The John Lewis Economy: Why Is Downing Street Looking to Britain's Most Beloved Department Store?

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LONDON, ENGLAND - JULY 24: Members of the public walk past the John Lewis department store, where a giant Union Flag adorns it's facades, on Oxford Street on July 24, 2012 in London, England. London is gearing up with only 3 days remaining until the opening ceremony of the 2012 London Olympic games.

In Britain, big department stores tend to be as concerned about pedigree as the country's consumers. Ultra-posh stores like Harrods and Harvey Nichols cater to luxury lovers, while dowdier chains like BHS serve the budget-minded. But John Lewis, the country's largest and most successful department store, has become a national institution by doing both. At the 148-year-old chain, which has 29 department stores and eight smaller home stores around the country, members of the 1% drooling over $6,200 Maurice Lacroix crocodile-leather watches commingle with value shoppers angling for $31 unisex plastic Casios. Imagine wrapping a Bloomingdale's, Macy's and J.C. Penney into one in the U.S. "In class-conscious Britain, it manages to be fairly democratic," says Michael Poynor, founder of the consulting firm Retail Expertise. "No one is ashamed to be seen with a John Lewis bag."

John Lewis is such an entrenched cultural fixture that its nickname is the Bellwether of the High Street — a term commonly used to refer to Britain's Main Street. The high-low strategy has paid off throughout the recession even though the U.K.'s retail sales have been falling or flat since 2009 and shopping districts and malls are littered with vacant shops.

Through it all, John Lewis has maintained an unbroken 10-year streak of outsize sales growth. In an ailing economy, John Lewis' group sales — which include the department store and its upscale grocery chain, Waitrose — jumped 6.4% to a record $13.48 billion in its last fiscal year, besting competitors like Marks & Spencer and House of Fraser, whose sales rose a meager 2% and 1.5%, respectively. The company wasn't immune to the downturn: profits dipped nearly 9% to $607 million last year, partly because it invested more in its businesses. But the move didn't hurt sales, which surged 11% in the first 24 weeks of the year from the same period a year earlier.

One of John Lewis' secret weapons is its unusual structure: it's 100% owned by its 81,000 full-time employees. That makes its shareholders — who have a bigger stake in the company's success than floating shareholders of public companies — acutely focused on the long haul. "Our ownership model creates the right conditions for success," says Charlie Mayfield, John Lewis' chairman since 2007. Research shows that employee-owned businesses fare as well as or better than traditionally owned enterprises in good times and bad. They're more profitable, they create jobs faster than other companies, and they shed less staff, according to a recent study by London's Cass Business School. And they're outpacing rivals: business at worker-run shops is growing 50% faster than the British economy as a whole, according to new figures from the U.K. government. Amid news of exorbitant bonuses and a barrage of high-profile corporate scandals — Rupert Murdoch's phone-hacking scourge and Barclays' alleged interest-rate rigging being the latest — Downing Street has found a champion in John Lewis. Deputy Prime Minister Nick Clegg is amping up calls for a "John Lewis economy," one that encourages a more responsible brand of capitalism through employee-owned businesses. In July, days after the Barclays scandal broke, Clegg announced plans for a government office that will advise businesses on how to become employee run, along with tax breaks to sweeten the deal. Barclays, he said in a speech, is "a timely reminder that our economy desperately needs an injection of responsibility, greater checks on unaccountable power, power in more hands."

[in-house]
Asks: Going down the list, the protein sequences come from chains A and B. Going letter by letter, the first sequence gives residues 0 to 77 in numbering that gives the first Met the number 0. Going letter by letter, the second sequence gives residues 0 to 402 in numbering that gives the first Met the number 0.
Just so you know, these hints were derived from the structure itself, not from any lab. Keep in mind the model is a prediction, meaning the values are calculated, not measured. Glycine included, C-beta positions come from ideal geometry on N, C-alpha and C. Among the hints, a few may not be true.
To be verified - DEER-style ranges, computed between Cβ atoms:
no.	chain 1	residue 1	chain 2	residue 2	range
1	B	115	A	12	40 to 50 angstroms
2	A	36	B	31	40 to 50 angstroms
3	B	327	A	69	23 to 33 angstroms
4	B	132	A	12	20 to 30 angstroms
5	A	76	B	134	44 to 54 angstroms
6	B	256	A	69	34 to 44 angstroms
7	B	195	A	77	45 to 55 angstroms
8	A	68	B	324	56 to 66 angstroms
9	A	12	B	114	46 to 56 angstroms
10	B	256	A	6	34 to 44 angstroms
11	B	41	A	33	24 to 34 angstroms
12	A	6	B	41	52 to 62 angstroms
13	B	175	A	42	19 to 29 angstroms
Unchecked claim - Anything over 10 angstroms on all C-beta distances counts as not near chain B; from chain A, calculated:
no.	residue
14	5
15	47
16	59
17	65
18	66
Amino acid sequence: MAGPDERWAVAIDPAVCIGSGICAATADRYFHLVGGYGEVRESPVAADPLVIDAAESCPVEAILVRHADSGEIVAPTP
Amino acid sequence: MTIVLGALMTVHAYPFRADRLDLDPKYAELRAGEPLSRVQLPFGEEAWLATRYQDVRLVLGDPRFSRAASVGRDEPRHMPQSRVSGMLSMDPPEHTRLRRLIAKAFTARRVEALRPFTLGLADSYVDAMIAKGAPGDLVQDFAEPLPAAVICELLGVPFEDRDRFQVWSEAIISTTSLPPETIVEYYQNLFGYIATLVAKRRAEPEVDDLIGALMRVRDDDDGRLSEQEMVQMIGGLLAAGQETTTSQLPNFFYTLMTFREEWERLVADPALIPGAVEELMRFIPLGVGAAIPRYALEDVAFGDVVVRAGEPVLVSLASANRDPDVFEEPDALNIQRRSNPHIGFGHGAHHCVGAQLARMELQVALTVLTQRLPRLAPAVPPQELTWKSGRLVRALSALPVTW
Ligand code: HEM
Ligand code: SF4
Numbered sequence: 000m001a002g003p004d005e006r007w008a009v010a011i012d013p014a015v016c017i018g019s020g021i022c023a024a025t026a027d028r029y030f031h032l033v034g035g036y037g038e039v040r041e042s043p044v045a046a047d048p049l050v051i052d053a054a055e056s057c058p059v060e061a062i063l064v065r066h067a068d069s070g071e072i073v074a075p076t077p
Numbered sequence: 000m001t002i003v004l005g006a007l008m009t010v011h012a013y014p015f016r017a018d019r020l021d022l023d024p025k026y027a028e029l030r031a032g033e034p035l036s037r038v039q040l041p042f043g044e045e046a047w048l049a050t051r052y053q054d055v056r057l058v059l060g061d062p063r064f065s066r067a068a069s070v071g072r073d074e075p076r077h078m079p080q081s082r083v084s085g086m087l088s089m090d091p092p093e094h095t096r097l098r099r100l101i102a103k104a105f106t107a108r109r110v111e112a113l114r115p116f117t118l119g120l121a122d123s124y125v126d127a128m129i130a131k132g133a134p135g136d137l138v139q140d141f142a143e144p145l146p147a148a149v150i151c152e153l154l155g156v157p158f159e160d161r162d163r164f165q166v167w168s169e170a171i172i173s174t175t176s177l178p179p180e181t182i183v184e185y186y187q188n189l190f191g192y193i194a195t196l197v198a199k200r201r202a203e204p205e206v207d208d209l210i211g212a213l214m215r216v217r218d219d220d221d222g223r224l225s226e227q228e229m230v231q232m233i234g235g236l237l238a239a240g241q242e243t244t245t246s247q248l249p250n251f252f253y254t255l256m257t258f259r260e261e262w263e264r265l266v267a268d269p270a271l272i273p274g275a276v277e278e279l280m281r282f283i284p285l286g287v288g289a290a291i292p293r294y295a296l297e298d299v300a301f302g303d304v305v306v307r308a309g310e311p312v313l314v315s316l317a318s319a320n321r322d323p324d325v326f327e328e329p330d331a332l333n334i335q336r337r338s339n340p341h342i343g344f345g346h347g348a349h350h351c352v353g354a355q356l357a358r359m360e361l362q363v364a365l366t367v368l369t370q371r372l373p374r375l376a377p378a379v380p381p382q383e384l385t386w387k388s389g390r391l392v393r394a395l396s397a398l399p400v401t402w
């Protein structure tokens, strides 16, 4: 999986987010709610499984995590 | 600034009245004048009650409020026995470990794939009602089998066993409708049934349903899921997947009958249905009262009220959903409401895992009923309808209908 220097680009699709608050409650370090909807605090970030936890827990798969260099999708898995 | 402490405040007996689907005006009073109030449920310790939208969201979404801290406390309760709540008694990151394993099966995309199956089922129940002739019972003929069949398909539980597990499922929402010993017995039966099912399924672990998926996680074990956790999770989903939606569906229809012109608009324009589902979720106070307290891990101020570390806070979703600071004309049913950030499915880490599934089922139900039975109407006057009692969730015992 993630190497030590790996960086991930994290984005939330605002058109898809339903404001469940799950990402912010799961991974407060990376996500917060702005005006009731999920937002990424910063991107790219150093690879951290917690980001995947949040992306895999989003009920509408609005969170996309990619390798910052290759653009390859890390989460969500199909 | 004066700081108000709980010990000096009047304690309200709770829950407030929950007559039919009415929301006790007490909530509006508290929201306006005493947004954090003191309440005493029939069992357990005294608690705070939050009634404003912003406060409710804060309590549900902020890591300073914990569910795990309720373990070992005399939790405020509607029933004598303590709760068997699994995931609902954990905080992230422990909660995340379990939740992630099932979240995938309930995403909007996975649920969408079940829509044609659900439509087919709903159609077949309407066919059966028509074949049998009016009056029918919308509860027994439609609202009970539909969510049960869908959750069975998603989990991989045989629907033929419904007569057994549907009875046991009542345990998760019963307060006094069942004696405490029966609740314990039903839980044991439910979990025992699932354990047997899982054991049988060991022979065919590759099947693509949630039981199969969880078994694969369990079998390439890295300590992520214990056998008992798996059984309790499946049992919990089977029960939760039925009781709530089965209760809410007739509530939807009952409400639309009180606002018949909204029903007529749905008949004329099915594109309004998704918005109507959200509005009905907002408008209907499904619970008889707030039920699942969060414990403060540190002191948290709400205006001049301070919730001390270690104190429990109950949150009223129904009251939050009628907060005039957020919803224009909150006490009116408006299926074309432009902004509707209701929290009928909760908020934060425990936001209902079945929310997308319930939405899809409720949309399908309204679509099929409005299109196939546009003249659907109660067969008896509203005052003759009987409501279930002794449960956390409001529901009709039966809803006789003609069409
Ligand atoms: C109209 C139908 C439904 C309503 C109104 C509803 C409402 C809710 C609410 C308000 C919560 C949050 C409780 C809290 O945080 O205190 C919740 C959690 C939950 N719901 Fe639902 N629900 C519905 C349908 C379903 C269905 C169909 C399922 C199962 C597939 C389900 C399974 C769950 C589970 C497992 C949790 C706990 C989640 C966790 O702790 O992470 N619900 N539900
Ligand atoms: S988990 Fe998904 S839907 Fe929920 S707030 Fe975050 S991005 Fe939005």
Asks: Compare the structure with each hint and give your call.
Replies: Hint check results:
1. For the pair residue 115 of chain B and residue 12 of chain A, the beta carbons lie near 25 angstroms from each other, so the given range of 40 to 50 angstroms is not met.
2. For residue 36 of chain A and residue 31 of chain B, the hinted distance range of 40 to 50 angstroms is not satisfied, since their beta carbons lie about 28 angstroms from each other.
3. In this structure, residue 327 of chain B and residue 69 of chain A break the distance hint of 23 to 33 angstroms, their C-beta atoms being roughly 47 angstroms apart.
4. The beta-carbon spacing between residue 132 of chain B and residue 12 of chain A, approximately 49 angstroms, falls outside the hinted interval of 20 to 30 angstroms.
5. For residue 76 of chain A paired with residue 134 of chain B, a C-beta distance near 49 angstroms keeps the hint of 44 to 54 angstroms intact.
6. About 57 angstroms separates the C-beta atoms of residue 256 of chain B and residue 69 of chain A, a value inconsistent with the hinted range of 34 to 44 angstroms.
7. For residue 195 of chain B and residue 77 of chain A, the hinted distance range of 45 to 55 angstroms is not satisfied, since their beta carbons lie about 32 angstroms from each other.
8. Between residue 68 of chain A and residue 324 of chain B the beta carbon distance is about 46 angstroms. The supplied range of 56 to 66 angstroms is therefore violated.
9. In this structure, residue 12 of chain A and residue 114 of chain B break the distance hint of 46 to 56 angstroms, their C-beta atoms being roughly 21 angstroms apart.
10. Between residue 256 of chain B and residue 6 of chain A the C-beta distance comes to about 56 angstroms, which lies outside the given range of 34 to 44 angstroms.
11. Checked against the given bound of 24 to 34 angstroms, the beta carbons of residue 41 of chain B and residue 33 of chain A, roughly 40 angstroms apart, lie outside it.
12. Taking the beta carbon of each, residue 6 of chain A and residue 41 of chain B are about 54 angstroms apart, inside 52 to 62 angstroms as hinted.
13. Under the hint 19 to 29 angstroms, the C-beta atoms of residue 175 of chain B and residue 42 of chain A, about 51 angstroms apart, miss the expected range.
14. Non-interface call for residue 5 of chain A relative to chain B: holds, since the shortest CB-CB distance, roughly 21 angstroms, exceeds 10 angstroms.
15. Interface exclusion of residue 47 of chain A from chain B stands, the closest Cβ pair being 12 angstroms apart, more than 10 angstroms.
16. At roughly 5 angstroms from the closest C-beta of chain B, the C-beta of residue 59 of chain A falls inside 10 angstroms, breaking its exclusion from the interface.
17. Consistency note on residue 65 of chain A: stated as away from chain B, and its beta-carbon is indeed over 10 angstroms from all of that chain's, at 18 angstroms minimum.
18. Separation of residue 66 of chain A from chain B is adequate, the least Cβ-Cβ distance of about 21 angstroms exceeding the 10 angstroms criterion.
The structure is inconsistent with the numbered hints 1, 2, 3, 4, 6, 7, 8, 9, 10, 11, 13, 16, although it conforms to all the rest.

John Lewis employees — or partners, as they're called — don't actually own shares individually. They're held in a trust on their behalf. It's a profit-sharing arrangement, so when the company performs well, workers pocket a fat annual bonus. Last year it was worth 14% of their yearly salary, or roughly seven weeks' pay. Each store has an employee forum that elects representatives all the way up a food chain ending in a 14-member partnership board chaired by Mayfield, which meets four times a year. There, twice yearly, Mayfield puts his job up to a vote that could have him sacked. "And that's real power," says Mayfield, 47, who earned the same 14% bonus — for a total of $179,000 — as the rest of his staff last year. The equivalent bonus for Marc Bolland, CEO of Marks & Spencer, totaled $1.03 million.

Ceding power and pay is a lesson learned from the company's history. Founded by John Lewis as a curtain store in London in 1864, the shop quickly grew into a successful department store. As communist thinking spread in the early 20th century, John Spedan Lewis, the founder's son, began to fear for the business. He viewed the vast sums that his father, his brother and he earned — which totaled more than the pay of all their employees combined — as a tinderbox. The more reticent father shunted his son's designs on improving working conditions and doling out paid holidays, tasking him instead with turning around a smaller family-owned shop, the Peter Jones department store. When the elder Lewis died in 1928, Spedan Lewis took over the namesake store and set up an initial profit-sharing scheme. In 1950, he handed full ownership to the employees in a trust tied to a constitution. It touts the virtues of "worthwhile and satisfying employment" for the "happiness of all its members."

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